Monday, September 19, 2016

Drawings: Recently Acquired by the Art Institute


A Sunlit Path through a Wood  Thomas Gainsborough English, 1727-1788  1750/59

When paintings enter the collection of a major museum, they may, or may not, ever be seen again.

Display space is limited.

But works on paper can always be seen by members -- so every acquisition makes the museum experience a little bit better.

This selection of acquisitions made over the last 25 years is mostly focused on 19th C. French, English, and Belgian works.  Many of them were purchased, rather than received as gifts, so they give some idea of the museum's priorities.

The museum already had 13 drawings by this artist -- did they really need one more?

But this one really is delightful.

I used to wander through the parks of Cincinnati looking for vistas to sketch - though my compositions were never as triumphant as this one.  19th Century American urban parks inherited their pastoral ideals from the kind of English estates on which Gainsborough made this sketch.

Here's the image that appears on the museum website -- much better than the one taken by my camera - and about as good as looking at the original.

Georges Lemmen,  Belgian, 1865-1916 Portrait of Anna Boch, 1894

Love this pointillism.

                               Jean-Jacques Henner French, 1829-1905
Landscape with a Pond, c. 1879

This is a small (4" X 6") , but  very effective rustic scene.
This artist was new to me -- and new to the A.I.C. collection as well.

John Douglas Miller, 1889,  after Bouguereau's first whisper of love


This is a preparatory watercolor, used in the transfer of a painted image to a printed one.
The technique is astounding - and  this detail is rather breezy and enjoyable.

Kathe Kollwitz 1905 sharpening the scythe

With 28 other prints and drawings by this artist in the collection  - I'm not sure I would have purchased this one.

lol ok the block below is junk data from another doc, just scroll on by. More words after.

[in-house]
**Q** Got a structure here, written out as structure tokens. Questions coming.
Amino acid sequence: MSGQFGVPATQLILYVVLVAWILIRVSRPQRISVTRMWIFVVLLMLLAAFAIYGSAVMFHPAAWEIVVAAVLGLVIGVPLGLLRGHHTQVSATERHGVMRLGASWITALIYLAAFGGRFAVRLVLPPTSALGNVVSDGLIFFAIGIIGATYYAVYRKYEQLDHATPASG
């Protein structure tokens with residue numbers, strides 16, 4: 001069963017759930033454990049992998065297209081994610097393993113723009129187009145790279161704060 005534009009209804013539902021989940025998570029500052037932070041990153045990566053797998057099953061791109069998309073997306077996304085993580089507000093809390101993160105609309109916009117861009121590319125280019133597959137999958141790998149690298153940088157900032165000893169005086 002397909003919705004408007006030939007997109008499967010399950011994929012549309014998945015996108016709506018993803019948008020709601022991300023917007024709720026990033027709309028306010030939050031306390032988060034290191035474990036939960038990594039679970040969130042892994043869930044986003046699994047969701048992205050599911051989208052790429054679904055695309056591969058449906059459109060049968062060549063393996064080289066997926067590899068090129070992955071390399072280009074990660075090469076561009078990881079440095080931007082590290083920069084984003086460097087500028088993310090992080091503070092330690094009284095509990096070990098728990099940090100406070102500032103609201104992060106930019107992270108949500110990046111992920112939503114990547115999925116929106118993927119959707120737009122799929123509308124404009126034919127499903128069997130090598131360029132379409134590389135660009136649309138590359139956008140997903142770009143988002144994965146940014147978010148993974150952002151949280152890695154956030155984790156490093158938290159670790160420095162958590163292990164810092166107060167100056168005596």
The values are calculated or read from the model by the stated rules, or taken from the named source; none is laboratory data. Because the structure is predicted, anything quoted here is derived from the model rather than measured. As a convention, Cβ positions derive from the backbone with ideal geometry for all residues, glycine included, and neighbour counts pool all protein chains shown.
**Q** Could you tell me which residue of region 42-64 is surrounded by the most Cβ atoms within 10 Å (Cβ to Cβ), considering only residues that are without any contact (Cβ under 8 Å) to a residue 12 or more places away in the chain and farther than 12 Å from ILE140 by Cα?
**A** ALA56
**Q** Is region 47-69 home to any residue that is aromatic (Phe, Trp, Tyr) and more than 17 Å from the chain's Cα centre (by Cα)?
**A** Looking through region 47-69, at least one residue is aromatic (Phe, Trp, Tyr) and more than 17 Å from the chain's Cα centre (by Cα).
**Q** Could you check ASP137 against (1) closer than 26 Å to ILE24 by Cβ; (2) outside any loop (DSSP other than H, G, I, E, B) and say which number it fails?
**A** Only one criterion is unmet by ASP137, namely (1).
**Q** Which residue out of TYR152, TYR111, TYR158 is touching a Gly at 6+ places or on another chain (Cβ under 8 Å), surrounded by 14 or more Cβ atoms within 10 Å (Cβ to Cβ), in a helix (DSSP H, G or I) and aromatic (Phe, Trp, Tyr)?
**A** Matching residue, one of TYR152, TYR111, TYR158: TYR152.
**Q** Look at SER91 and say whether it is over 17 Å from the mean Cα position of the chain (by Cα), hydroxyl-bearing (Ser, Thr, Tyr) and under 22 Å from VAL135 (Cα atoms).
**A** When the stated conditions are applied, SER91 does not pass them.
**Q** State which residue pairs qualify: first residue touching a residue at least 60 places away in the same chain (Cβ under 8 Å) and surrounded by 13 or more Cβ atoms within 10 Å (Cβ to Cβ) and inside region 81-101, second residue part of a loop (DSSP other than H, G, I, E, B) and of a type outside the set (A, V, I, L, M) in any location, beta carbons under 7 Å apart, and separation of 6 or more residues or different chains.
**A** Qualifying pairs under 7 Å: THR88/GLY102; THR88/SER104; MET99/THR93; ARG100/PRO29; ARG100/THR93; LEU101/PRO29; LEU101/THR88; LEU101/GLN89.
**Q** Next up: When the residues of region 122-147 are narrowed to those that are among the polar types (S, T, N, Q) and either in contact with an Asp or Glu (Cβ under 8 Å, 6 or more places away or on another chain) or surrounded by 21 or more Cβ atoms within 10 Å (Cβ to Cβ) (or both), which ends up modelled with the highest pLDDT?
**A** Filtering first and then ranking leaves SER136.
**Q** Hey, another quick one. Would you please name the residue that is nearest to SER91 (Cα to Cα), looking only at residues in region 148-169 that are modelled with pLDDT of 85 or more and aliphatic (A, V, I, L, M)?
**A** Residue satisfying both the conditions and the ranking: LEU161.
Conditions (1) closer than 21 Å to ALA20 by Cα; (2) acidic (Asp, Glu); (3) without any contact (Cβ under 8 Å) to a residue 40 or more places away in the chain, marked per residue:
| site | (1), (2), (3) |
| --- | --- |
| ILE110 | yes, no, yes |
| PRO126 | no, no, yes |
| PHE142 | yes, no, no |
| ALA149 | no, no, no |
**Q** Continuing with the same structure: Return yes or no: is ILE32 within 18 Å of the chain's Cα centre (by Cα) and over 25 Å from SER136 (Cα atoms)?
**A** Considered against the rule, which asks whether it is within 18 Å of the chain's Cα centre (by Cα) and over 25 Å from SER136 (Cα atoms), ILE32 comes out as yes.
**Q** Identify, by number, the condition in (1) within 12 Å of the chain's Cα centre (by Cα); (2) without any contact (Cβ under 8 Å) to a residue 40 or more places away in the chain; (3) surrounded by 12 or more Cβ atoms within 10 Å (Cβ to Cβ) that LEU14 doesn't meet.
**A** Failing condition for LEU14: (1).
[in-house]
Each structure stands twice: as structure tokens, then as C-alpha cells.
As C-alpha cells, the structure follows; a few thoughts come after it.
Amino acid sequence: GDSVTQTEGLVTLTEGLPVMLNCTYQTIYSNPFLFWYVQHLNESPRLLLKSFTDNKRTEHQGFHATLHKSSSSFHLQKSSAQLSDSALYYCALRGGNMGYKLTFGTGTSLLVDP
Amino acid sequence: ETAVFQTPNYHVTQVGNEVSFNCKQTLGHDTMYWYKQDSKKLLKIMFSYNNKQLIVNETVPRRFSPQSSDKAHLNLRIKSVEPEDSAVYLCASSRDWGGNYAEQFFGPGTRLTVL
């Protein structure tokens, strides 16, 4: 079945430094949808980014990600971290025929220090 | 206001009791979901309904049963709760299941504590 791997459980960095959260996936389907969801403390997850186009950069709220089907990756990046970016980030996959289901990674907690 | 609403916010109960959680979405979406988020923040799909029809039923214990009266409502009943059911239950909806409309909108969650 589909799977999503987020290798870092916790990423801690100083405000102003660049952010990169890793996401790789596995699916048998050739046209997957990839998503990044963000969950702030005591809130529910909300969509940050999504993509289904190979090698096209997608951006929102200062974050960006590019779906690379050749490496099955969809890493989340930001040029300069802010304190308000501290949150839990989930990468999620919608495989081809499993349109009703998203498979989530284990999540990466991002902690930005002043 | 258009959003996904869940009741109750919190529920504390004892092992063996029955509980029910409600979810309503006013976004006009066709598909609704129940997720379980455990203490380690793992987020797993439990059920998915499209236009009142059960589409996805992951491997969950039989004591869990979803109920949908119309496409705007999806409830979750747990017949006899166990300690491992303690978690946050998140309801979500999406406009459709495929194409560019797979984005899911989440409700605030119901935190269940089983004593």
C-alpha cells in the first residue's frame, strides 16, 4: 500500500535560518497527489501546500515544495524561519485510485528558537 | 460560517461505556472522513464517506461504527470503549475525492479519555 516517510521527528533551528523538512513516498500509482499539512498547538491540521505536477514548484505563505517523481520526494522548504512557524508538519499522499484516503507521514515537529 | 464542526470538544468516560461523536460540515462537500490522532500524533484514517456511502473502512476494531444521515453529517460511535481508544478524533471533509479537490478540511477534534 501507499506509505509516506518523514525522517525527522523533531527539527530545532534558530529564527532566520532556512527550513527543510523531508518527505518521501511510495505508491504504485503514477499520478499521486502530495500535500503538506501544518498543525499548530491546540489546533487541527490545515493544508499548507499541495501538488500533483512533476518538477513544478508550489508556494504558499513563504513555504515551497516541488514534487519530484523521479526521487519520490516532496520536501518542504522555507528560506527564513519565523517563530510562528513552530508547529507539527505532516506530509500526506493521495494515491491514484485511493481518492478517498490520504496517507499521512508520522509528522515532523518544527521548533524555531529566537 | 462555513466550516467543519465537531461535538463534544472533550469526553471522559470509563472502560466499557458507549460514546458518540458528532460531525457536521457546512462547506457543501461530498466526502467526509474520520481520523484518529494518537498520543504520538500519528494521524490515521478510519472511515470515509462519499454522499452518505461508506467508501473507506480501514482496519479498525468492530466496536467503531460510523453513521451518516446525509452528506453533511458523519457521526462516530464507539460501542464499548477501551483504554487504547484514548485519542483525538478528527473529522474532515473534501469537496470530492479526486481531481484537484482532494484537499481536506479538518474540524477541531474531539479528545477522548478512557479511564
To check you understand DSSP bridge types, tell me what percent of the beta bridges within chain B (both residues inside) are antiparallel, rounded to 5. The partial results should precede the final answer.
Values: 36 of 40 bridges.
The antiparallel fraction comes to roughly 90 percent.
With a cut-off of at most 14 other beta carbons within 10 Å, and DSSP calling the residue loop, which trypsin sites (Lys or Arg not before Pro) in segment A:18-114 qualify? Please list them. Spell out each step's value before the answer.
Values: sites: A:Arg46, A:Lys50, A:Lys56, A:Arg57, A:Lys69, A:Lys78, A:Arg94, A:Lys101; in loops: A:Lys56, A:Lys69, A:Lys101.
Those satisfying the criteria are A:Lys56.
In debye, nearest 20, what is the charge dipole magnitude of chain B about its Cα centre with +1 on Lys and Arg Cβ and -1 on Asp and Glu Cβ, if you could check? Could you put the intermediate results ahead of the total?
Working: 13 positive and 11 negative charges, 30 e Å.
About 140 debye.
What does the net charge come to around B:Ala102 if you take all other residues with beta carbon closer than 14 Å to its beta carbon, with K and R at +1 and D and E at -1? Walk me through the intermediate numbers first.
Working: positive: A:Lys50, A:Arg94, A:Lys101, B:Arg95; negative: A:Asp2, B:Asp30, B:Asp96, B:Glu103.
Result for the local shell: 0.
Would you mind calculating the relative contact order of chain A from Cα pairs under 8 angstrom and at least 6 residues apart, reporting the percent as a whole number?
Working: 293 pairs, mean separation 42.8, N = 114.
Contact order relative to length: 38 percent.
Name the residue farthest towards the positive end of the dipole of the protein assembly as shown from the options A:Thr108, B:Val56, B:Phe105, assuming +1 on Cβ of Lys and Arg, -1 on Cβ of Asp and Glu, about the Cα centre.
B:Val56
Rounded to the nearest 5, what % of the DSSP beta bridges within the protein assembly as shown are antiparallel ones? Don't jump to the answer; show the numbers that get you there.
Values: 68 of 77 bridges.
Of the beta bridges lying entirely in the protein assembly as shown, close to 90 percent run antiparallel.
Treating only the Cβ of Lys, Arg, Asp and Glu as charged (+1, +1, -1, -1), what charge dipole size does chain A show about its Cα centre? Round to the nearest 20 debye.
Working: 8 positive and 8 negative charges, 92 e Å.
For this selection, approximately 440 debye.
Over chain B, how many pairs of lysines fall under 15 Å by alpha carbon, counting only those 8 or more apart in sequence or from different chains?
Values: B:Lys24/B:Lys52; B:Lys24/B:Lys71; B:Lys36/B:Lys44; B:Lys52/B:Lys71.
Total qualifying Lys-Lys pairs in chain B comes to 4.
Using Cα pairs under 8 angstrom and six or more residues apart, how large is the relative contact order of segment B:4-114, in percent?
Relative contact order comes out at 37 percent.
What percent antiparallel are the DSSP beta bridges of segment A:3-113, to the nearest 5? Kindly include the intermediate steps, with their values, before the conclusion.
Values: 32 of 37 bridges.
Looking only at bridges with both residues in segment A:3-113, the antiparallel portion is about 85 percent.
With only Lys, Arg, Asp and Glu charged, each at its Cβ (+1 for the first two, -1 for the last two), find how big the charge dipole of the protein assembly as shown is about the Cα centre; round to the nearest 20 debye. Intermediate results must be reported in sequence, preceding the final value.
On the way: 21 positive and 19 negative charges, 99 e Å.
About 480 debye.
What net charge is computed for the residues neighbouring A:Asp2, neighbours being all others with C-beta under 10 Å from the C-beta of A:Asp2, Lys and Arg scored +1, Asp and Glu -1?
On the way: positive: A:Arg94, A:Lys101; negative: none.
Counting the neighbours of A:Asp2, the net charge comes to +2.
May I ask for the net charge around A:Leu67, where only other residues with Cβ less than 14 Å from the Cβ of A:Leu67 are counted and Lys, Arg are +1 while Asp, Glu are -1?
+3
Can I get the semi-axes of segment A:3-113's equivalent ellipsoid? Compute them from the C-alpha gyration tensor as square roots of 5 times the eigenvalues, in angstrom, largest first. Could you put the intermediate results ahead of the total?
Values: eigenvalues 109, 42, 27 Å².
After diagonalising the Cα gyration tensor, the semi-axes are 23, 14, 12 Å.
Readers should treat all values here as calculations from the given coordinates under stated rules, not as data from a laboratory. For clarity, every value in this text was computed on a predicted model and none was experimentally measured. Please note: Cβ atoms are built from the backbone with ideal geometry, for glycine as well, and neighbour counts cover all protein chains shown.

Though it would make good cover art for a heavy metal band.

Ludwig Meidner, self-portrait 1922


What a mug!  The museum already had one of his many self portraits -- but this drawing is so good, I could not have resisted acquiring it either.

Jean François Millet
 French, 1814-1875
Landscape - Hillside in Gruchy, Normandy, 1869/70

I like this drawing more than his many paintings that I have seen.
  It's more whimsical and less ponderous.

Peter de Wint – in Wales between Bangor and Capel Curig 1830-s


Reminds me of the watercolors that the Prince of Wales did for the covers of the Leonard Bernstein Sony recordings about 25 years ago.

Neither artist is exceptional - but they deliver a good sense of place.


Camille Pissarro, Young Peasant Drinking Her Cafe au Lait, 1879-80

This drawing is interesting because it was preparatory  to a painting in the museum's collection.

William Turner of Oxford, 1842

This artist is new to me -- as well as to the museum.

Both his name and his style resembles a canonical artist - and by contrast, demonstrates why J.M.W. is so much better known.

It's the difference between charm and power.

François Boucher  French, 1703-1770  Academic Study of a Reclining Male Nude, c. 1750

Gallery signage tells us that Boucher drew this so that copies could be distributed to art teachers around the country.

It has an academic flavor, in contrast to the soft porn for which he is best known.

Gustave Caillebotte French, 1848-1894  Self-Portrait with a Hat, c. 1879

It's fascinating to see anything associated with the Art Institute's  monumental "Paris Street, Rainy Day"(1877).

This self portrait was done two years later.  Another recent acquisition was a preparatory study for that painting.

Jean-Baptiste-Camille Corot French, 1796-1875
Standing Male Nude, 1843

Corot found great success with  nymphs dancing in the twilight, but he was also an exceptionally good all-around artist

Corot French, 1796-1875 Venus Disarming Cupid, 1852/57

And here's another one of his dancing nymphs - probably knocked off in about ten minutes.

Honoré Fragonard (French, 1732-1806) after  Caravaggio The Supper at Emmaus, 1760/61

Not a great drawing, but a good one - delivering a sense of divine visitation without the chiaroscuro of the original.

The  original Caravaggio painting came to Chicago a few years ago.

Cocteau , 1924 – nightmare

A  very talented young man - who made Queer Art a century before it became fashionable.

Adolph Menzel 1815–1905 In a Railway Carriage (After a Night's Journey),

My friends love the realism of this scene -  but I dislike this drawing as much as I dislike having to sleep on trains or buses.


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